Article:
Strata Management

Strata Management Case Updates 13: Can TNB recovers outstanding electricity charges (owed by Developer) from JMB?

Kerajaan Malaysia (Petitioner) v Sanjung Utama Sdn Bhd (Respondent) and (Tenaga Nasional Berhad – Applicant) (Melaka High Court Companies Winding Up No. MA-28PW-05-05/2017]

Facts:

Sanjung Utama Sdn Bhd is a developer and was wound up on 5.9.2016. Private liquidator was appointed. On 27.3.2017, TNB filed proof of debt to the private liquidator but received a notice of rejection in Form 59. The grounds of rejection, among others are:

(a) the supply of electricity is for the benefit of the common property;

(b) the outstanding electricity charges should be sought against the Joint Management Body established on 20.11.2011.

The Respondent refers to Sections 10(3), 10(4), 15(1), 16, 21 Strata Management Act 2013 and argued that all monies in the maintenance account shall not form part of the property of a developer and the demand ought to be sought against the Joint Management Body.

The Respondent also further argues that the alleged debt is post winding up and ought not be admitted.

Decision:

The Judge agreed that the effective date for the purposes of determining the debt or liability of an insolvent company in liquidation is up to the date of the order of winding up ie 5.9.2016.

The judge distinguished JMB Perdana View v Saujana Triangle Sdn Bhd [2016] MLJU 1398 (where the High Court ruled that the developer is liable for the outstanding TNB bills) and ruled that the outstanding electricity charges is the responsibility of the JMB after its formation
(by referring to Sections 13(2) and 15(1) Strata Management Act 2013 and Perangin Mall v Tang Joo Ming [2013] 6 MLJ 753) and ordered a transfer or handing over of the electricity account from the Developer to the JMB.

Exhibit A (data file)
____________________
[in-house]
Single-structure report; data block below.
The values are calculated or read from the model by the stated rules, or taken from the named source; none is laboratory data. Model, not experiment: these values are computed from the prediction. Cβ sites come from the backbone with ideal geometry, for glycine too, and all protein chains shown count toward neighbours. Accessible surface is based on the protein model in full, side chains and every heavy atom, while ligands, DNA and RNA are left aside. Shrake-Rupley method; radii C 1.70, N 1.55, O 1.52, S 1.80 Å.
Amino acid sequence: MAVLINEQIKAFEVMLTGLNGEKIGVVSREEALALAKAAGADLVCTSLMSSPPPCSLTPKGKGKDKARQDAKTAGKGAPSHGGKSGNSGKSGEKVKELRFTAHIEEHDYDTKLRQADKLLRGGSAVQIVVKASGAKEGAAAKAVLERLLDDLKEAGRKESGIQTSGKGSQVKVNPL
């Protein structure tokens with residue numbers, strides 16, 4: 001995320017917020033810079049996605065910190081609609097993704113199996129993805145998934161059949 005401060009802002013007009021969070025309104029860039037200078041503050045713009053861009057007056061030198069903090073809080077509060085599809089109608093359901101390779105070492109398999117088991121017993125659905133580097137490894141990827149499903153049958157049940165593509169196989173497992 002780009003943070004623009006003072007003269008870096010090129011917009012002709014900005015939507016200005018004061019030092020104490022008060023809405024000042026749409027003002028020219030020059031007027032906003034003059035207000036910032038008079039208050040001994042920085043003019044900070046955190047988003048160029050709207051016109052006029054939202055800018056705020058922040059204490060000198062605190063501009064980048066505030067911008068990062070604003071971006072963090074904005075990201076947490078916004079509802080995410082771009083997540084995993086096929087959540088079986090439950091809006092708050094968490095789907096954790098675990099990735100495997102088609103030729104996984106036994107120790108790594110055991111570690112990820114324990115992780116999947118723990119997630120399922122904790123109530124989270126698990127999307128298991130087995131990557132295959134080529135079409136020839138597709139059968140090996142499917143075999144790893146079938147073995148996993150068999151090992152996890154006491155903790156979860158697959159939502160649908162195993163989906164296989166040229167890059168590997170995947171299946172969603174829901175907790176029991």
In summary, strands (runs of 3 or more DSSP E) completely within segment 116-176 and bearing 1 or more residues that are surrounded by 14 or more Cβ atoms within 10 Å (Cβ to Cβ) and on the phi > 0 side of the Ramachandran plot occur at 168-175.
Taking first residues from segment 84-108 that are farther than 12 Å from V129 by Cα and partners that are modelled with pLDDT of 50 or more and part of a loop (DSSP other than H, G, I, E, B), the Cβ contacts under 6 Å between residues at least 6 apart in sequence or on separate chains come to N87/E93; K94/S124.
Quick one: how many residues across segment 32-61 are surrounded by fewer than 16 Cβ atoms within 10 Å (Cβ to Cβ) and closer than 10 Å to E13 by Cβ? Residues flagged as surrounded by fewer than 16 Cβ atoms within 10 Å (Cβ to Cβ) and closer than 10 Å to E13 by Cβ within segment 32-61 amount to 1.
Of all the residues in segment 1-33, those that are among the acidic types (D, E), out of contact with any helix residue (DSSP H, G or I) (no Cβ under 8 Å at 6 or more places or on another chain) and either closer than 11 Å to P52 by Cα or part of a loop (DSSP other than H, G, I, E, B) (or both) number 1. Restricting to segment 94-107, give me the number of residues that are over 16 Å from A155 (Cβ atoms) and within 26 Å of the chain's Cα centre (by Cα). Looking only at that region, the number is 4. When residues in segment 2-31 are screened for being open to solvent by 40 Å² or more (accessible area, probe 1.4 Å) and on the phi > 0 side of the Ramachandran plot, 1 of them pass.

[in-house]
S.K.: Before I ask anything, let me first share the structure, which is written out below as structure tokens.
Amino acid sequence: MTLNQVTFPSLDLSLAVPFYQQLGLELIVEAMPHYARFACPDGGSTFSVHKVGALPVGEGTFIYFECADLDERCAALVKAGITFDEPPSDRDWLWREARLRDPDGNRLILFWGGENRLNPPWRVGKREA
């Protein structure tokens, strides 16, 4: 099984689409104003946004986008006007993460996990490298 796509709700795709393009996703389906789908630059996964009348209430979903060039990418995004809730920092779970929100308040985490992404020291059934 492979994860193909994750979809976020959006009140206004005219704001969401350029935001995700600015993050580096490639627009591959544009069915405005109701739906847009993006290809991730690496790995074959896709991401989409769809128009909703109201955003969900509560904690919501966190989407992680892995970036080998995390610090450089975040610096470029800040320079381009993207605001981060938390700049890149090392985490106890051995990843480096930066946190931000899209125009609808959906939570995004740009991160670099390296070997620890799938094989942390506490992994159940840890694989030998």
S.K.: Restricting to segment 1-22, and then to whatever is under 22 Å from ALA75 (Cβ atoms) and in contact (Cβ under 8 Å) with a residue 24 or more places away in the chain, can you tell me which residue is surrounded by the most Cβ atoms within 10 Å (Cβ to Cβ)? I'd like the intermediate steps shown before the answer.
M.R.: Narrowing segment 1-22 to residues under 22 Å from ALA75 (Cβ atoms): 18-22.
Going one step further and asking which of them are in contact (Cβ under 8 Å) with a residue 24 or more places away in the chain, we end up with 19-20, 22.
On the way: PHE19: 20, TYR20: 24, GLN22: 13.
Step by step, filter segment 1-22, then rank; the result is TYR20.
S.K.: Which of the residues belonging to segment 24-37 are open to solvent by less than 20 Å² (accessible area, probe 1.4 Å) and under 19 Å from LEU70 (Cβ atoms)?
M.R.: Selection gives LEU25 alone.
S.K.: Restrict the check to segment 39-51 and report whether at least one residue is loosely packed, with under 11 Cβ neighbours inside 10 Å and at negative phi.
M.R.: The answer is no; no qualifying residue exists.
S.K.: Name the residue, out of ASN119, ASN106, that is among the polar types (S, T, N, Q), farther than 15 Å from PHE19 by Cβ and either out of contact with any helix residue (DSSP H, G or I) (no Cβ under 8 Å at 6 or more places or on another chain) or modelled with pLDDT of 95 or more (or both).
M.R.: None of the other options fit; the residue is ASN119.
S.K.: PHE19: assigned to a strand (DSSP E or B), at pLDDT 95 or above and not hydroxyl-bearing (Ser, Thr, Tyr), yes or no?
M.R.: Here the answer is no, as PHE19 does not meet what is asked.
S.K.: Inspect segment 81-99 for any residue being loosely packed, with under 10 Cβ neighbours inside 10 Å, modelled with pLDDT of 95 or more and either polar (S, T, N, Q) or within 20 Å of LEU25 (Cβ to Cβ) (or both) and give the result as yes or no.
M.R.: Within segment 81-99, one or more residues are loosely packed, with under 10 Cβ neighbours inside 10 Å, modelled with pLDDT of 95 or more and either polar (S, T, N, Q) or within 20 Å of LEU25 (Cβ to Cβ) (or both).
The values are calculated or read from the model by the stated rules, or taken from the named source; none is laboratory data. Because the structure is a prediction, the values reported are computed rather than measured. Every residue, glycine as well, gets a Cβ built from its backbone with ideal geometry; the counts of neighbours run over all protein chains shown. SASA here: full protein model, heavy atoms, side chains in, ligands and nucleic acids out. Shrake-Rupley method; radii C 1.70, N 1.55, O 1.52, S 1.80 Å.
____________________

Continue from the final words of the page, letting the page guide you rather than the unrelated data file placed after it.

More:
Views:

The decision of the High Court has the effect of transferring liabilities from the developer to a JMB. This certainly will not go well with the JMB knowing that it needs to absorb liabilities upon the day of formation.

We are not too sure whether the decision would have been different if sections 15 and 16 of the Strata Management Act 2013 are interpreted literally. In brief:

s 15(1) Strata Management Act 2013 only deals with transferring of “all balances of moneys” and “assets” and not “liabilities”.

s. 16(2) Strata Management Act 2013 also confines to “any right, power or remedy granted to the developer” shall vest in the joint management body and not “liabilities”.

The only provision which deals with transferring of “liabilities”is Section 27(2)(b)(iii) Strata Management Act 2013 where it expressly provides that all assets and liabilities of the JMB are, automatically, transferred to and vest in the MC.

In the absence of expressly transferring “liabilities” in Section 15(1), it is our view that the JMB should not be taking over the liabilities of the Developer.

Lai Chee Hoe
Partner at Chee Hoe & Associates. With 10+ years of experience under his belt, he specializes in civil and corporate litigation. He is also the current Chairperson of various Joint Management Bodies.

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